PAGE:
Virtual Real Estate Sold for $330,000 in Entropia Universe

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It's one thing to buy a piece of pricey real estate and hope to earn some passive income on it by renting it out to others -- it's an otherwordly thing to buy a plot of expensive virtual estate and hope to do the same thing.

Yet this is what Erik Novak, otherwise known as "Buzz 'Erik' Lightyear," is attempting to do with the Crystal Palace Space Station, which he recently purchased for $330,000 on Planet Calypso in Entropia Universe. Though it may seem absurd, this kind of big-time virtual transaction is far from something new and in financial terms, it actually might not be such a terrible idea.

Entropia Universe is a popular massively multiplayer online role-playing game (MMORPG) that boasts more than 800,000 players from all over the world. It was created and is maintained by First Planet Company, a subsidiary of MindArk Group, based in Sweden.

The Crystal Palace Space Station, a popular destination for "hunters" in the game, was put on auction on Dec. 14 and was sold on Dec. 28 for 3.3 million PED (Project Entropia Dollars, which have a 10:1 ratio with U.S. dollars) to Novak, who beat out "Zachrum 'Deathifier' Emegen, known to the real world as David Storey, a PhD student at the University of Sydney who won Planet Calypso's first auction in 2004. Storey paid $26,500 to take ownership of Treasure Island and, according to a press release, earned back all the money he invested within 12 months.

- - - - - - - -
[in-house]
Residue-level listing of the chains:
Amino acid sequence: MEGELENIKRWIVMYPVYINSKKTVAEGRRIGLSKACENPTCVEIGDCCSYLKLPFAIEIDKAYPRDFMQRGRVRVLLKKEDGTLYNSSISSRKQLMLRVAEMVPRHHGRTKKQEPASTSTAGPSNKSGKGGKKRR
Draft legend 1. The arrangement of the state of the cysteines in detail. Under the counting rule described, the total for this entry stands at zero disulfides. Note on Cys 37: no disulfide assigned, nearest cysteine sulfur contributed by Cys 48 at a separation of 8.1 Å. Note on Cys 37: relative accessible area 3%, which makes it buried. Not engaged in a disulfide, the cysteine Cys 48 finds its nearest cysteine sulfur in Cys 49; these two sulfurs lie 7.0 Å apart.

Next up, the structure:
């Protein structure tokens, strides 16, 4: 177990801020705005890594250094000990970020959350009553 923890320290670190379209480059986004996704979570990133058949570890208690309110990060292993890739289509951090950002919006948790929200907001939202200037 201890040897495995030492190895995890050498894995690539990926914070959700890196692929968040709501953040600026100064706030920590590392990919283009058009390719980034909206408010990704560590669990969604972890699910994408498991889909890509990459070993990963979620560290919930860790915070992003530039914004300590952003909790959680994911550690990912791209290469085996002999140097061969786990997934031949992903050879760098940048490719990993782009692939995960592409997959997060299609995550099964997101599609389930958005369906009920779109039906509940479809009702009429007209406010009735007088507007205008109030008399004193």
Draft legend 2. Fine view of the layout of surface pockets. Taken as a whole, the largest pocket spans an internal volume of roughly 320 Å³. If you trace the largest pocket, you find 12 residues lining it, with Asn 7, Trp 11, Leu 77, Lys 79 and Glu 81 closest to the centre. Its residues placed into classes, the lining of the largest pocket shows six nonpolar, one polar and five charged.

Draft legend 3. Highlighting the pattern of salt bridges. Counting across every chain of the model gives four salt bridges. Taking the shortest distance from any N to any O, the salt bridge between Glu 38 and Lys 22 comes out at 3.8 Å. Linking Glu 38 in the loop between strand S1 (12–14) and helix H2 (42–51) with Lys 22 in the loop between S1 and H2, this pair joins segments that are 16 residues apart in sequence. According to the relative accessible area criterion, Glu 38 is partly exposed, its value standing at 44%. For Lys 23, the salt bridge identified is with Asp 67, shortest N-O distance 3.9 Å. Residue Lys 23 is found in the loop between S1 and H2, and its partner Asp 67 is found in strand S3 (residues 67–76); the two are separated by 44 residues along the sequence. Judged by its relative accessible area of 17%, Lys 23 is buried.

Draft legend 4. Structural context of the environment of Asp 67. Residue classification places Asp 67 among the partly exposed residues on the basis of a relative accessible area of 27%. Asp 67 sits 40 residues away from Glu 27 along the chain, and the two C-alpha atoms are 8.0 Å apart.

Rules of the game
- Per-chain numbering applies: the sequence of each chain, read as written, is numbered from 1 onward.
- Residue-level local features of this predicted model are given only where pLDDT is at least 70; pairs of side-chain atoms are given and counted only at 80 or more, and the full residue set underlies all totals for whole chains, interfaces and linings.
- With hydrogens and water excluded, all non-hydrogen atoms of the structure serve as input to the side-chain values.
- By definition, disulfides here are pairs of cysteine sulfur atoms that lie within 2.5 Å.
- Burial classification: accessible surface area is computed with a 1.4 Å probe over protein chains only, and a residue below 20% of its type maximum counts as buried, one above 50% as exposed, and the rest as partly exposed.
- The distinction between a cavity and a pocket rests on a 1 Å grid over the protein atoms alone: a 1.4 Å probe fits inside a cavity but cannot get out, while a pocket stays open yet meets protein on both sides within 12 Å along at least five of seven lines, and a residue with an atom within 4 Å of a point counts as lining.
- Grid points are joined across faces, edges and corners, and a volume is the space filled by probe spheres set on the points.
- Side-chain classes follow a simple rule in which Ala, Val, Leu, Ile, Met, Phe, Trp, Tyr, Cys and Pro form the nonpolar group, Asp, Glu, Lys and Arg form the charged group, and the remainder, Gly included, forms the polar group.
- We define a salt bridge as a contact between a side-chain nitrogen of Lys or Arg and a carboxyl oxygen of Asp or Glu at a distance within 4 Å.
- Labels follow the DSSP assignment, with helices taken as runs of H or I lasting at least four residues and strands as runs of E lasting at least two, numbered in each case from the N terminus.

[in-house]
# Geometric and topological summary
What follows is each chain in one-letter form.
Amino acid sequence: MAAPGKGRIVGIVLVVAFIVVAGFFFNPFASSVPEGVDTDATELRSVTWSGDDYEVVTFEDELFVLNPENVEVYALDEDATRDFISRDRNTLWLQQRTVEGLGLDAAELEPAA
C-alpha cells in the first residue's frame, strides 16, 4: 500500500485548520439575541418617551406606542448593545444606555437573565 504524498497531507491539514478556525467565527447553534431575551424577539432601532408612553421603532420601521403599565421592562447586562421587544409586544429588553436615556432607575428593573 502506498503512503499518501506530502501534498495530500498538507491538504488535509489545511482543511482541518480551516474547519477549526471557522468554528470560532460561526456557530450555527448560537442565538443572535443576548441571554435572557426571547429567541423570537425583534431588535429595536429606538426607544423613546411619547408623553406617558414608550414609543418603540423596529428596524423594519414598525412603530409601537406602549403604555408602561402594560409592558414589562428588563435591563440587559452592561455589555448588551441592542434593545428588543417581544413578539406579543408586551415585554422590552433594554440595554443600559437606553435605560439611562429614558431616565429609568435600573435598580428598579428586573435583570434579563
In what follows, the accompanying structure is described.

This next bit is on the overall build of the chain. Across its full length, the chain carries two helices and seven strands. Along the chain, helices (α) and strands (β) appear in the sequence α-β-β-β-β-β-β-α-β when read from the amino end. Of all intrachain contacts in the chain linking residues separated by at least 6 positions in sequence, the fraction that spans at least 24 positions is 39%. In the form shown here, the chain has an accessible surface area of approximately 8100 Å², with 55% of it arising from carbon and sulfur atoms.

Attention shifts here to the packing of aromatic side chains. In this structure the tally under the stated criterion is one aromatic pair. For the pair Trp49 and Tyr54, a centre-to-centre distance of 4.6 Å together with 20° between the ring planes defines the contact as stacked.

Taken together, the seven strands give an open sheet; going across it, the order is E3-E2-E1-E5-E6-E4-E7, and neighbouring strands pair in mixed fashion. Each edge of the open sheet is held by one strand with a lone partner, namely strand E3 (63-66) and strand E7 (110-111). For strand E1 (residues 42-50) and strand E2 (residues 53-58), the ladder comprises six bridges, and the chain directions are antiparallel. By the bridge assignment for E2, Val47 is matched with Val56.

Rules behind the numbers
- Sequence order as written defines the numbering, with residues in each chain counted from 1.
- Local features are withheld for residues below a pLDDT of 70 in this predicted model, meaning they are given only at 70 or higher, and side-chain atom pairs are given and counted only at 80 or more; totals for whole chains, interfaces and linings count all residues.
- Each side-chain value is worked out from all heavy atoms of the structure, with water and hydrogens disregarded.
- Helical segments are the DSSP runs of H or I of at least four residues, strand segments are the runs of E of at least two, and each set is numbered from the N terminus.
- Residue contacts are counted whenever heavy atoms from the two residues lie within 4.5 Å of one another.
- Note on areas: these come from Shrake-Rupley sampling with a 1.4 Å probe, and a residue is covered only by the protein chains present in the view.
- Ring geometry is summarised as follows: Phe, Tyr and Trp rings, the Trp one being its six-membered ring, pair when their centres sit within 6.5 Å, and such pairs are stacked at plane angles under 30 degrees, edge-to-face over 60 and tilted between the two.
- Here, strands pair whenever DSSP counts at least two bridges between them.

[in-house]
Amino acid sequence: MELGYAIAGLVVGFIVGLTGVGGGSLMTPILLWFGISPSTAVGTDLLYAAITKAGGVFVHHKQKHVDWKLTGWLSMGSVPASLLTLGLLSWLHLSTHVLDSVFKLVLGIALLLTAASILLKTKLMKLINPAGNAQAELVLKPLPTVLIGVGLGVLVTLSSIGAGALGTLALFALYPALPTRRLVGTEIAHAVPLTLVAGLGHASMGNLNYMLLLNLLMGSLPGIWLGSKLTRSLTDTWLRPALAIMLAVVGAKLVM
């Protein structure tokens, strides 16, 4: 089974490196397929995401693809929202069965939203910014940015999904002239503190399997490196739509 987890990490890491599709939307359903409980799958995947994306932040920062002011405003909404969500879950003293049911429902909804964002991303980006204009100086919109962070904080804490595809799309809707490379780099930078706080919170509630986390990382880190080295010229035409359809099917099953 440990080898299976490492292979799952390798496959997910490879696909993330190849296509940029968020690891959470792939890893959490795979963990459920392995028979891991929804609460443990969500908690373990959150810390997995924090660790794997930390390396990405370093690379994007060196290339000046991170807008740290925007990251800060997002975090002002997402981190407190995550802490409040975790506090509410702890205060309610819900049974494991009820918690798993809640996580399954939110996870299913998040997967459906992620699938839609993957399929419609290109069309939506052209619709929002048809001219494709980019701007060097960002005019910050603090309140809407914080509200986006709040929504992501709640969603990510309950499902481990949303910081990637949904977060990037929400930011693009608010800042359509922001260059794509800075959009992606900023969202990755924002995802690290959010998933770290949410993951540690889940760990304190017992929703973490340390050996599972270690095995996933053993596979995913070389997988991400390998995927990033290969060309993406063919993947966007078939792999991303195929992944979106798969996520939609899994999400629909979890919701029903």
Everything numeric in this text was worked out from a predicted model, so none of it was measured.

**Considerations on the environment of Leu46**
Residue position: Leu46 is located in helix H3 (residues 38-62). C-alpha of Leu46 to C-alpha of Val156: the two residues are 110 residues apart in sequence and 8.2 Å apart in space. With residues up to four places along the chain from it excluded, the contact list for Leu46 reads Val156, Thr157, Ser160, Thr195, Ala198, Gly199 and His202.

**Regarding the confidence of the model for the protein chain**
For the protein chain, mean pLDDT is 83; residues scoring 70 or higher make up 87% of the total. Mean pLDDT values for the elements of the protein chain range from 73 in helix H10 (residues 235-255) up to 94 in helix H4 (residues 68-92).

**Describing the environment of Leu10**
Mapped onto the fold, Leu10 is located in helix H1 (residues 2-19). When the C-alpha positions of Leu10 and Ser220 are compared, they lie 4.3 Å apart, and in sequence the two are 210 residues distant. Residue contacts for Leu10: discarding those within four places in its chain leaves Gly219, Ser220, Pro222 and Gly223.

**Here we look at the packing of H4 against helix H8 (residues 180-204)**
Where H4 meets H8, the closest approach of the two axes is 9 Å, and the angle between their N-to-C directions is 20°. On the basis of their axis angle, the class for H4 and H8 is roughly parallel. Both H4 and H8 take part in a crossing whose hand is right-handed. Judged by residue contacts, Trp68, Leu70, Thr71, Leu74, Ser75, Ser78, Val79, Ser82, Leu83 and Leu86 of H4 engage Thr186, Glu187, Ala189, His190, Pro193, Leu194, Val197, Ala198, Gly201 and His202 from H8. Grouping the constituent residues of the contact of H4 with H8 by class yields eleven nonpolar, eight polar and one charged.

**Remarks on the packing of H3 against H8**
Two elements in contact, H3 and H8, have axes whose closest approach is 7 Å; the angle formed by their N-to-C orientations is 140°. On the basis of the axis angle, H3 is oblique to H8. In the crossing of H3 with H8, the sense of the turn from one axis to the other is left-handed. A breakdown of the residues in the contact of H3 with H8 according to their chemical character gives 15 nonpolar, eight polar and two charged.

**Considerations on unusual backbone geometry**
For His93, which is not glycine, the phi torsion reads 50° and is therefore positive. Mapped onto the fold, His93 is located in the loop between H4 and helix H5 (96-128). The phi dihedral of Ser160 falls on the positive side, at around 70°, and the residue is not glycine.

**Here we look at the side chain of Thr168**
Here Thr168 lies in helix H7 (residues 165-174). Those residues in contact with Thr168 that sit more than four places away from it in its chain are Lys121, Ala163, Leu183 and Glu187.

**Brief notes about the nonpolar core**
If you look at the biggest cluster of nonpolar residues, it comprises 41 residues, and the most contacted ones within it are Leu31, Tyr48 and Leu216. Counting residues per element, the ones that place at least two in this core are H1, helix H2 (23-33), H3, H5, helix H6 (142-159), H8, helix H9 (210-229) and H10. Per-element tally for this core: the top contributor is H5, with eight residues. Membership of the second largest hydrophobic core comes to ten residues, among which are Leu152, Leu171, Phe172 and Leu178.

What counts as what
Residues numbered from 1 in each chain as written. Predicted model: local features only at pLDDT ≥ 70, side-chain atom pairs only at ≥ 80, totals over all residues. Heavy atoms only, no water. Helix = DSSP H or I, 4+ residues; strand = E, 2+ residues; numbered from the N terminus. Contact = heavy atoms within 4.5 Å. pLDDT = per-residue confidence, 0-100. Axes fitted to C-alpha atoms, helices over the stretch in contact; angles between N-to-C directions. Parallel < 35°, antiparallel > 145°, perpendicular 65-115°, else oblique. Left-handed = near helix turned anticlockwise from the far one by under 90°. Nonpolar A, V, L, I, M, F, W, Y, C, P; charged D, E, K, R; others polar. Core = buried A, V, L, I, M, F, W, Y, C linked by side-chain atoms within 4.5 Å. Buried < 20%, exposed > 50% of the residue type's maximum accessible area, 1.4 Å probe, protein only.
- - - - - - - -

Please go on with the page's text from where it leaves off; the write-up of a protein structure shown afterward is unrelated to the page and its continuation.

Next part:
"This is a stunning investment opportunity, and I have complete faith I will recover what I spent relatively quickly," Novak said in the press release.

In 2005, Jon "NEVERDIE" Jacobs won an auction for a virtual space resort for $100,000, which earned him a place in the Guinness Book of World Records in 2008. He turned the resort into Club NEVERDIE, which has earned him $50,000 in the first five months alone and was valued at $1.5 million in 2006.

The Swedish government has approved a license for Entropia Universe to act as a real bank, which explains how virtual money in the game can be exchanged for real dollars, and vice versa.

Novak's purchase is now dubbed as "The Most Expensive Virtual Object" ever. He'll be able to charge for use of his new property and will have the power to choose his own tax rate for transactions that happen in Crystal Palace.

It could take up to five years for Novak to make all that money back, according to experts.

BBC recently reported that virtual goods account for about $5 billion in sales in Asia right now, and the U.S. could reach that mark in the next five years.
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